After some five years at the helm of the National Institute for Literacy, Sandra Baxter's appointment was not renewed this month and a national search was launched for her replacement. It took a bit of effort to find the announcement, but here it is. No word on where Baxter has landed, but Dan Miller of OVAE is now the acting director. Like Baxter, the next executive director will have the unenviable task of answering to officials from the Education Department, the NICHD, and the other federal agencies that are part of the Interagency Group that oversees the institute. There's no ...


Here's another rebuttal of the notion that U.S. schools and students are being outperformed by other nations. Veteran Washington Post education reporter and columnist Jay Mathews in an Op/Ed piece in the Boston Globe takes issue with the claims that American students have fallen far behind their counterparts in India and China and elsewhere. "The widespread feeling that our schools are losing out to the rest of the world, that we are not producing enough scientists and engineers, is a misunderstanding fueled by misleading statistics," he writes. "Reports regularly conclude that the United States is falling behind other ...


Olena, Ana, and Ioana, we salute you. At a time when American educators and elected officials are fretting about their inability to encourage more girls to consider studies and careers in math, you apparently jumped into that subject quite willingly. You three were high finishers in the Putnam Mathematical Competition, an intercollegiate, six-hour test of students from universities in the United States and Canada. Those results were reported in a recent study I wrote about, which examined the shortage of U.S. girls with superior math talent. Perhaps not surprisingly, the study reports that several other top Putnam finishers were ...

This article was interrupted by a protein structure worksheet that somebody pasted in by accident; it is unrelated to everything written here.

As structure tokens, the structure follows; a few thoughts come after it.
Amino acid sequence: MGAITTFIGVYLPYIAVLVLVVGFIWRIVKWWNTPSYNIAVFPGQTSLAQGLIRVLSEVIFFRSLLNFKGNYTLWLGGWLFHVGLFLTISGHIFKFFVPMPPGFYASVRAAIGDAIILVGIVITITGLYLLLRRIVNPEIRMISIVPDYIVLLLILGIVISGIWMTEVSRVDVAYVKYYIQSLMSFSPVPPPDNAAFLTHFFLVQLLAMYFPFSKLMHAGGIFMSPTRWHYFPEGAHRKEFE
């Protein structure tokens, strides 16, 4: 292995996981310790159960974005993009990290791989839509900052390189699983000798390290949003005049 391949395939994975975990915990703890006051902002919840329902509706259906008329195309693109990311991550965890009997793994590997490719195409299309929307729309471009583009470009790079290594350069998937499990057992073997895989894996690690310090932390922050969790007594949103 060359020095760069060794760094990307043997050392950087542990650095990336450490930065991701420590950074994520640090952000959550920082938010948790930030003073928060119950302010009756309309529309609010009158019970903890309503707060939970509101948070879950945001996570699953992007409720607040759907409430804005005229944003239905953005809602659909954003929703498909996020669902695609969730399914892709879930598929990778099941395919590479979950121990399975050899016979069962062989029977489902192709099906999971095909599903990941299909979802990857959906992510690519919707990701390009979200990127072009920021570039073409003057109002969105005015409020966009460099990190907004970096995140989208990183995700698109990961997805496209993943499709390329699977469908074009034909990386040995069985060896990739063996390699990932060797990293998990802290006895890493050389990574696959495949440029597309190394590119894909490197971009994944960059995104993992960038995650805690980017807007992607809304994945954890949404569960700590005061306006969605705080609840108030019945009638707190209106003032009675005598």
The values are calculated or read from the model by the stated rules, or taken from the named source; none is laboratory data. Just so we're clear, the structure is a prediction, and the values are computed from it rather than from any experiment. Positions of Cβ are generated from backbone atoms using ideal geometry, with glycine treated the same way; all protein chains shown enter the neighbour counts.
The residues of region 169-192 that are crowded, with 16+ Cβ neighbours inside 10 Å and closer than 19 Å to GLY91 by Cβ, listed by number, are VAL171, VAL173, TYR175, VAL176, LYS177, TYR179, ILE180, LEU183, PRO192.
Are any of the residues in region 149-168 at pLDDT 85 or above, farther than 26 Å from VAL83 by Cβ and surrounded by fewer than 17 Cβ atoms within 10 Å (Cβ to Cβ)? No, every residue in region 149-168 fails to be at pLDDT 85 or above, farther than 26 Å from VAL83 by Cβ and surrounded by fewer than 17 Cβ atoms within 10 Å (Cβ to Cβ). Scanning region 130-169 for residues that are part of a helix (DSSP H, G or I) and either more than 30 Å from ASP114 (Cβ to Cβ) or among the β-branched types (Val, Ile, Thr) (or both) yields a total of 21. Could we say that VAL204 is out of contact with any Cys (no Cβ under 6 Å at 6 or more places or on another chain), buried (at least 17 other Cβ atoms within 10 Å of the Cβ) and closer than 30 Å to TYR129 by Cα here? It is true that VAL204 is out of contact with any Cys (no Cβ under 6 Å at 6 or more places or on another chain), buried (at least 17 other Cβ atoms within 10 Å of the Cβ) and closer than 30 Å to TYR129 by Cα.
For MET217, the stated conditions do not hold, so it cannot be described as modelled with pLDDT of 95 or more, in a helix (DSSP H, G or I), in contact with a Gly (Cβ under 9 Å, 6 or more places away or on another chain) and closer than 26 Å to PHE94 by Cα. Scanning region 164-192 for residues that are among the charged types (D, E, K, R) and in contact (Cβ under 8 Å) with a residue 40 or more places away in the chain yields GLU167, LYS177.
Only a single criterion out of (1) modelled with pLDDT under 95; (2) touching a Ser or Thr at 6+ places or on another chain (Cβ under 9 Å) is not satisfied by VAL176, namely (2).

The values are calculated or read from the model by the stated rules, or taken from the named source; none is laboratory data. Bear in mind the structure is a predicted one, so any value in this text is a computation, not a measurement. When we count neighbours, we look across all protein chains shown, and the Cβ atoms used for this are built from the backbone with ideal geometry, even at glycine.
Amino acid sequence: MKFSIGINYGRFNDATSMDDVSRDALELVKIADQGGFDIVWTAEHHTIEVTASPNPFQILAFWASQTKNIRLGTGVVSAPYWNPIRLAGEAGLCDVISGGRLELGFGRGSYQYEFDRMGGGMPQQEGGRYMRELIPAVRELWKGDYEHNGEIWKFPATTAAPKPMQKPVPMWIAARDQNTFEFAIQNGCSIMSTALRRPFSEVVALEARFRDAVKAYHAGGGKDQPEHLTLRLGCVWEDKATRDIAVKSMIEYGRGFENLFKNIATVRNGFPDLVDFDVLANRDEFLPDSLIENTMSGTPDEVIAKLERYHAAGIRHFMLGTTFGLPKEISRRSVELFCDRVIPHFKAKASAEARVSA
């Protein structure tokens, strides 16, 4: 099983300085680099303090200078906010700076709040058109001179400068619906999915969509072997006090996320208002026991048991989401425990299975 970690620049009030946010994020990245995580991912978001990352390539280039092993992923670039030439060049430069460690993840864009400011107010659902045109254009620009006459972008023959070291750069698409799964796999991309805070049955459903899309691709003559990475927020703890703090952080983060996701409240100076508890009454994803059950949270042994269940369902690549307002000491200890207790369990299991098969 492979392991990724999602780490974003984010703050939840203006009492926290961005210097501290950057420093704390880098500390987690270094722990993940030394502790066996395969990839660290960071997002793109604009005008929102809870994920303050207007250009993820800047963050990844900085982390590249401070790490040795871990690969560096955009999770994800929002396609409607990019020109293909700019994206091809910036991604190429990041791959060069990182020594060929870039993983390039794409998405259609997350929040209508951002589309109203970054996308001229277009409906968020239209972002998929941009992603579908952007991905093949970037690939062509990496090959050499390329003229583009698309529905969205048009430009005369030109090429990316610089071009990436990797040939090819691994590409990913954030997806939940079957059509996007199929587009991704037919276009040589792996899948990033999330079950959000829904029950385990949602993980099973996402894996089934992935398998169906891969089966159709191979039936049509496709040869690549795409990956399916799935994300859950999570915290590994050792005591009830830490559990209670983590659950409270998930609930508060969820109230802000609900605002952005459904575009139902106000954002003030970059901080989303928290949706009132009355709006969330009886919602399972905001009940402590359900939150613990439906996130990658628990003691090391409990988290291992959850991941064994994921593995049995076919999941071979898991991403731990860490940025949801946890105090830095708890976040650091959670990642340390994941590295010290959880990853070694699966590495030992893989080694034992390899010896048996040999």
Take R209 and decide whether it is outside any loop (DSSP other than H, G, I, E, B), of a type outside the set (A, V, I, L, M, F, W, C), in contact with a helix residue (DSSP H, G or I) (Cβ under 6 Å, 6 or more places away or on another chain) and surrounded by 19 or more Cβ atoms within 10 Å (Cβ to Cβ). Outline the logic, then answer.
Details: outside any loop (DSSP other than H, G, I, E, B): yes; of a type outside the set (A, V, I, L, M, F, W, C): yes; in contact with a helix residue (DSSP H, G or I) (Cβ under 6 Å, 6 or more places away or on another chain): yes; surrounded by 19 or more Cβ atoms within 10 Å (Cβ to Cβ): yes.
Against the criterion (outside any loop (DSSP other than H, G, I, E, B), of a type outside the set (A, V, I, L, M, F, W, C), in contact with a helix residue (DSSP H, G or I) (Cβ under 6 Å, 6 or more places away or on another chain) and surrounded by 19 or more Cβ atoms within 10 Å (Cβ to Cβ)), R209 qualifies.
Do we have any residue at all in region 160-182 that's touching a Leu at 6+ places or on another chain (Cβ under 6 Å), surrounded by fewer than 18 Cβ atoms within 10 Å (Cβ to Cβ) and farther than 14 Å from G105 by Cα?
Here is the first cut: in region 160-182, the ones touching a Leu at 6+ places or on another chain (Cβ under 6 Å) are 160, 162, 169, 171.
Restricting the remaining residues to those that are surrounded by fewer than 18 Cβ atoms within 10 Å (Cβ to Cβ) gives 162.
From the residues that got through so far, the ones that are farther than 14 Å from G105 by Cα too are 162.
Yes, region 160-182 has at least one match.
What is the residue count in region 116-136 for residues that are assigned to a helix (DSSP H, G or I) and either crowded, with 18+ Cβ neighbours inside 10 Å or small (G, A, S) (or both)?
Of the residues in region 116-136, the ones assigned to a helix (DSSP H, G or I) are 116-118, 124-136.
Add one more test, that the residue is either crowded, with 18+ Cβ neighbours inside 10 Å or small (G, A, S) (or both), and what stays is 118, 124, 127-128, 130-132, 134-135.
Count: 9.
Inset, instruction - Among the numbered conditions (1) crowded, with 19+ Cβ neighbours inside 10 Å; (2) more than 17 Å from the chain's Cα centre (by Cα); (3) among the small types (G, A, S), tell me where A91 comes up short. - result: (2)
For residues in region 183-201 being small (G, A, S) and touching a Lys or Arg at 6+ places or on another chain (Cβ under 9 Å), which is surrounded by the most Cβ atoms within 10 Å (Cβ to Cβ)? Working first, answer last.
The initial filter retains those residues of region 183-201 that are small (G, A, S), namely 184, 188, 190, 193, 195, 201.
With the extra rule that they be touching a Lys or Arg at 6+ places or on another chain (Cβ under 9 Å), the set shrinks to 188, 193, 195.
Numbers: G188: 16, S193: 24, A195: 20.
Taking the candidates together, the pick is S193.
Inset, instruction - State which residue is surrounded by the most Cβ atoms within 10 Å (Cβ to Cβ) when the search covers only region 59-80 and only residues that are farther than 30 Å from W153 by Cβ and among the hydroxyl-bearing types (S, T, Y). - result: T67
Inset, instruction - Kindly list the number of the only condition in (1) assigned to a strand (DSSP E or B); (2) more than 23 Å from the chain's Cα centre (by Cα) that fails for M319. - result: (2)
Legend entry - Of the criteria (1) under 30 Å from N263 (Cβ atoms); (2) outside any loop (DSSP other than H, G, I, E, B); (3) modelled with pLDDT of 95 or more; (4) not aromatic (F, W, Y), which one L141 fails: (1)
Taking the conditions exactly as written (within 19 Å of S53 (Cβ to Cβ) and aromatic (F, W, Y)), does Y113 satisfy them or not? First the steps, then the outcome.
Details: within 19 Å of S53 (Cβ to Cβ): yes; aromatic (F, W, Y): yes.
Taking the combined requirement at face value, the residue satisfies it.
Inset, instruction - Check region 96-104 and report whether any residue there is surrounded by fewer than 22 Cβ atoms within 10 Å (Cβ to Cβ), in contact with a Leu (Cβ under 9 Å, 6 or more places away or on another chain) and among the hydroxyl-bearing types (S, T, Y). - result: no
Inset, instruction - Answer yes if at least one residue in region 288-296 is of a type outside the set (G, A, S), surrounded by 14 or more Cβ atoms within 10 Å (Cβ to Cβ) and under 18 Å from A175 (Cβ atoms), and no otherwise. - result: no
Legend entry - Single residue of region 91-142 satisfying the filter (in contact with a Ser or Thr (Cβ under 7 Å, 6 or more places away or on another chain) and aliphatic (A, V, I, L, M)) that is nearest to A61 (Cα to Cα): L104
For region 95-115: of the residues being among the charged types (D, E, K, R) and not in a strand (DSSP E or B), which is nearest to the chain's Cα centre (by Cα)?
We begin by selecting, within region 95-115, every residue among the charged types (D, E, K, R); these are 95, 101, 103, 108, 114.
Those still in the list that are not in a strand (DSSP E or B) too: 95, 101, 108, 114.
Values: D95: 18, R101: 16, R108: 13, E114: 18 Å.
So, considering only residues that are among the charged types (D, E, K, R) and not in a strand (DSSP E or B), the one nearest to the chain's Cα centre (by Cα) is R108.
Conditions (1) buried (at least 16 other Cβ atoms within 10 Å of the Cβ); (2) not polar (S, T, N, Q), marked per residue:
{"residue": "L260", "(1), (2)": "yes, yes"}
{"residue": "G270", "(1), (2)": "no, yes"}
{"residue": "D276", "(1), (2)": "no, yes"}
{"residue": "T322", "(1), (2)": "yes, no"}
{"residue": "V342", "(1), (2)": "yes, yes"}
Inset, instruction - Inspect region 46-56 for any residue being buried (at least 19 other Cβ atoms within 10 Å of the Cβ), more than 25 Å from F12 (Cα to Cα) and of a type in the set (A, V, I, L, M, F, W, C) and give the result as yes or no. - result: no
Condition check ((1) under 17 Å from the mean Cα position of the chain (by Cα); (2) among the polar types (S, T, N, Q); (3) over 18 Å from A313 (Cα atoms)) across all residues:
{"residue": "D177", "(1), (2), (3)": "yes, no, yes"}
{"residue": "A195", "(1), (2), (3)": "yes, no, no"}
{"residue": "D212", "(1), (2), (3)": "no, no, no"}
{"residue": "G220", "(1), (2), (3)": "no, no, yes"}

Career-and-technical education (the subject formerly known as voc-ed) occupies a strong place in the school curriculum, not to mention the public imagination. Studies have shown that many students take at least one elective class focused on a specific trade or a job-based skill, like auto technology, health care, or construction. Many of us can remember trading our textbooks for safety goggles at some point during middle or high school. Those programs aren't just popular in school districts. They've been popular on Capitol Hill, too. The federal vocational program receives $1.3 billion a year. I saw one study describing it ...


If you saw Mike Petrilli with his red, white, and blue facepaint amid a faux backdrop of China's Great Wall this past summer, you had to see the humor in the video reports for Fordham's Education Olympics 2008. But behind his antics was a serious message about the relative low standing of U.S. students on international comparisons of various achievement measures, from college-going rates to PISA results. Well, researchers for the Think Tank Review Project didn't find the series so funny. The project is a joint effort by the Education and the Public Interest Center at the University of ...